society of the query

I’m happy to announce that the Institute of Network Cultures will be hosting another Society of the Query event in Amsterdam, November 7-8 2013. I’m even happier that they asked me to present some of my search engine work there :)

For those who haven’t heard of the Society of the Query events yet, I recommend their collaborative research blog on search. The blog was originally initiated in the course of various search engine events including Society of the Query 1, Amsterdam 2009, and the Deep Search conferences in Vienna, 2008 & 2010. It was – just recently – re-activated by René König, who was also involved in the conference planning. Thanks René, I hope to see you in Amsterdam!

Ghostery & more

Last week I attended the Unlike Us conference in lovely Amsterdam. The event, aimed at bringing together researchers, activists and artists concerned with Social Media Monopolies and their Alternatives, was covered pretty well by bloggers on site, as you can see here. Instead of repeating their work by blogging about the whole event, I just want to point you to a single tool I learned about: Ghostery.

Ghostery helps you tracking the trackers and gain back control over your privacy. “Ghostery tracks the trackers and gives you a roll-call of the ad networks, behavioral data providers, web publishers, and other companies interested in your activity.” It’s a browser plug-in (for various browsers) that shows you the invisible web – tags, web bugs, pixels and beacons that are included on web pages in order to get an idea of your online behavior – and helps you to block and/ or manage them. Instead of passively running in the background, the app brings them to the foreground, and hence puts you in the active position of handling them. You should really check it out, it’s the best privacy tool I’ve seen in a really long time!!!

Besides, it was very interesting to see Max Schrems talking about Facebook vs. Europe. He’s an Austrian law student, but pretty professional in what he does. I hope he manages to bring Facebook to its knees! Blogpost on his talk here.

Finally, I attended the Oxford Internet Institute (OII) conference “Interdisciplinary Insights on the Social Science of Digital Research”, where I talked about the Performative Character of Digital Methods (see blog post below). It was a great event, which covered a range of digital methods and their ethical implications. I particularly enjoyed seeing Mike Thelwall talking about his network mapping tools since I’ve read about his work for quite some time now.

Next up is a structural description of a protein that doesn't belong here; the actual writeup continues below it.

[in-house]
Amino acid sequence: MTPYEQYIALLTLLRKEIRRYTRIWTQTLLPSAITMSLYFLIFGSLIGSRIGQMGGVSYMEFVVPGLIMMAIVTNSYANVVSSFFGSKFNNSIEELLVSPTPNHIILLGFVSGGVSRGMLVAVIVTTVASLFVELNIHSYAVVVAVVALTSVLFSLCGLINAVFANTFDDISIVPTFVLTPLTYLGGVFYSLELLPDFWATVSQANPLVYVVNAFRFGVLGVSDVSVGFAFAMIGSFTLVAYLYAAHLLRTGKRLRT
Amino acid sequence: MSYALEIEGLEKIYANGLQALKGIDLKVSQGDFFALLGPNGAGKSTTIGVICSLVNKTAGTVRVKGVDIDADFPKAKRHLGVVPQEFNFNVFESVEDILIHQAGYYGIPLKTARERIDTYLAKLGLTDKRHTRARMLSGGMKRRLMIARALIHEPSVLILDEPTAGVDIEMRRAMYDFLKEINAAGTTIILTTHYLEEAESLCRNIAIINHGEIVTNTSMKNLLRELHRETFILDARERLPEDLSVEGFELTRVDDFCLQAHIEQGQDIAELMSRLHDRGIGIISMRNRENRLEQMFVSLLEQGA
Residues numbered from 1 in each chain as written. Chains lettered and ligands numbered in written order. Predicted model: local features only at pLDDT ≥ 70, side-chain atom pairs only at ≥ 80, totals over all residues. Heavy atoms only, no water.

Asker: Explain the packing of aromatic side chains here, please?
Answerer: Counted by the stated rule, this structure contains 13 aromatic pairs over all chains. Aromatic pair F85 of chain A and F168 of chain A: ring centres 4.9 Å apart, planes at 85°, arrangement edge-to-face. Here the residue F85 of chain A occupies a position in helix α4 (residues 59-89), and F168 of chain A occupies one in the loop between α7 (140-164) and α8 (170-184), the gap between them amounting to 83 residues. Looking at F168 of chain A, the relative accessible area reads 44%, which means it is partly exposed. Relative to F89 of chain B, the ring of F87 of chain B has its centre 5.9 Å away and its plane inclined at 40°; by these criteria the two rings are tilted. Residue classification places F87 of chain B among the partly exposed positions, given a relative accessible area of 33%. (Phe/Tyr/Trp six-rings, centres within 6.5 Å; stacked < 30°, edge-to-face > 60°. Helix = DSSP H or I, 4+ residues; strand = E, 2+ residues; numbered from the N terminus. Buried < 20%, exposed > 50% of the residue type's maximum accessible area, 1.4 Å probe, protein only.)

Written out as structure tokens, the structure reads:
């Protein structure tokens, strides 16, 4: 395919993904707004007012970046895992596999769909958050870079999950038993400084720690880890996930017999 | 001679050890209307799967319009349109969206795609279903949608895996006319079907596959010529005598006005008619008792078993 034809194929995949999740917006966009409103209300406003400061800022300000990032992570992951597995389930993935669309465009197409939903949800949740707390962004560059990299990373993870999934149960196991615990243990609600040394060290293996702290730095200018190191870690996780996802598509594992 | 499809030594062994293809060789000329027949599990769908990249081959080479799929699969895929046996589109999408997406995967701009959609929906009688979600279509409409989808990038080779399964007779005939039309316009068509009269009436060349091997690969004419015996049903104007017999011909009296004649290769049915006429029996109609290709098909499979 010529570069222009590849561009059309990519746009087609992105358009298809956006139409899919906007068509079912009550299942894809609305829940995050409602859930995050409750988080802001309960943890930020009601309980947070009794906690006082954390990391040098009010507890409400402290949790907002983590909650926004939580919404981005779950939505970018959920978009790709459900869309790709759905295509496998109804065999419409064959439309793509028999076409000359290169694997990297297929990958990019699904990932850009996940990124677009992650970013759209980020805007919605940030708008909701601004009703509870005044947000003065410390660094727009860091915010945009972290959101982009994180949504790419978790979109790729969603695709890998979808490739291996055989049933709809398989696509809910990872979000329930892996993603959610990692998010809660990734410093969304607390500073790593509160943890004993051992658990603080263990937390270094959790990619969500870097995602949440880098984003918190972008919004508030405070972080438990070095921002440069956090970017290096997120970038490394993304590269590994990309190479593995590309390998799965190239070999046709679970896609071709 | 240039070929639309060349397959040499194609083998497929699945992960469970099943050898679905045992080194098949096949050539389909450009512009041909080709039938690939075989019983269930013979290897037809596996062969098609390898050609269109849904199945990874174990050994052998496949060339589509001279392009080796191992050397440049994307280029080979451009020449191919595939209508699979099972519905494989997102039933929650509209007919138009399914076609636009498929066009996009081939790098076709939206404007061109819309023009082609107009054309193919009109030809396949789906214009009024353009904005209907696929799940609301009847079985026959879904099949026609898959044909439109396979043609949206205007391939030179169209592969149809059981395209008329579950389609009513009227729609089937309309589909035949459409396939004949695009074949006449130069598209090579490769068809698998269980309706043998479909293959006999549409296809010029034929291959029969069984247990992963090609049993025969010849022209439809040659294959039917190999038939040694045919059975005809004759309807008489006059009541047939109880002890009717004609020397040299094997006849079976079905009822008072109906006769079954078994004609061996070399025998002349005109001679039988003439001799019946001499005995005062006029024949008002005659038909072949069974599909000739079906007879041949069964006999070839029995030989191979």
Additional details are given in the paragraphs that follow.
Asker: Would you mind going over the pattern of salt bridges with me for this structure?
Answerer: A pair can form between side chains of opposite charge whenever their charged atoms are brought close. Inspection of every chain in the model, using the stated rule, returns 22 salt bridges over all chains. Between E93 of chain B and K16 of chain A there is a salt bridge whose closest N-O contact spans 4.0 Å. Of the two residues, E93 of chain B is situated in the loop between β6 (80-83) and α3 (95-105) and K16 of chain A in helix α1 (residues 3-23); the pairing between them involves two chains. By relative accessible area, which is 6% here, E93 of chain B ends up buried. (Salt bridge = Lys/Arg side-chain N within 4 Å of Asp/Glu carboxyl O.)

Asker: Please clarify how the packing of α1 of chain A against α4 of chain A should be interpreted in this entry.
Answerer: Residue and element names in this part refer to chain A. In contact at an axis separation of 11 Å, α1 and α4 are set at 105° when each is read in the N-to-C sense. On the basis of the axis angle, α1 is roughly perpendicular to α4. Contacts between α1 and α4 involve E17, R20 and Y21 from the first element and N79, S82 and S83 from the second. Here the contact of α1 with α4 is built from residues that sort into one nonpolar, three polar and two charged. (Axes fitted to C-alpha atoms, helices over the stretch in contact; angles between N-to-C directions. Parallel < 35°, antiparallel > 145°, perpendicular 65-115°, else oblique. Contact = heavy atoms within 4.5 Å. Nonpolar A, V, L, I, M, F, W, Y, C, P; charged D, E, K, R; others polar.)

unlike us #2 amsterdam

And yet another pretty cool event I’ll attend in March (8-10); without presenting though. It’s the second event of the Unlike Us Network initiated by Geert Lovink (Institute of Network Cultures/HvA, Amsterdam) and Korinna Patelis (Cyprus University of Technology, Limassol). It’s supposed to bring together artists, designers, scholars, activists and programmers who work on ‘alternatives in social media’. That’s how the event is described on the network cultures institute website:

Unlike Us 2 will focus on the concept of free exchange and the commercial exploitation of online social relationships which lie at the heart of contemporary capitalism. In addition to speakers addressing this theme a range of alternative social media projects will be showcased. Facebook makes everyone believe There Is No Alternative, but Unlike Us dares to differ. – I’m curious about that!

Confirmed speakers and presenters: David M. Berry (UK), Frederik Zuiderveen Borgesius (NL), Philipp Budka (AT), Thomas Chenesau (FR), Jodi Dean (USA), Carolin Gerlitz (UK), Seda Guerses (TR/BE), Spideralex (ES), Anne Helmond (NL), Eva Illouz (IL), Walter Langelaar (NL), Ganaele Langlois (CA), Carlo v. Loesch/lynx (DE), Caroline Nevejan (NL), Arnold Roosendaal (NL), Eleanor Saitta (USA), Max Schrems (AT), Elijah Sparrow (USA) and James Vasile (USA).

goodtosee #2: Scroogle & more

In the last couple of months I have done extensive interviews with 17 people more or less directly involved in the social construction of search engines. The interviewees ranged from search engine engineers, people working in information retrieval, search engine optimizers, content providers and marketers, but also proponents from the broader societal context including policy makers, jurists, activists, journalists, and critical internet scholars – from the German and US-American context. All these people shared and discussed their different viewpoints on search engines with me. The material I’ve only recently started to analyze looks extremely interesting – thanks to all of them! First insights will be presented next week at the Wits School of Arts, University of the Witwatersrand/ Johannesburg! :)

For now, I’d like to share some kind of by-product of these interviews with you: the landscape of search engines my interview partners depicted. Independently from their heterogeneous standpoints and backgrounds they all drew a pretty similar picture. It may best be described with the term “Googlepoly”, which was coined by Pasquinelli in the book “Deep Search” (which I highly recommend by the way!).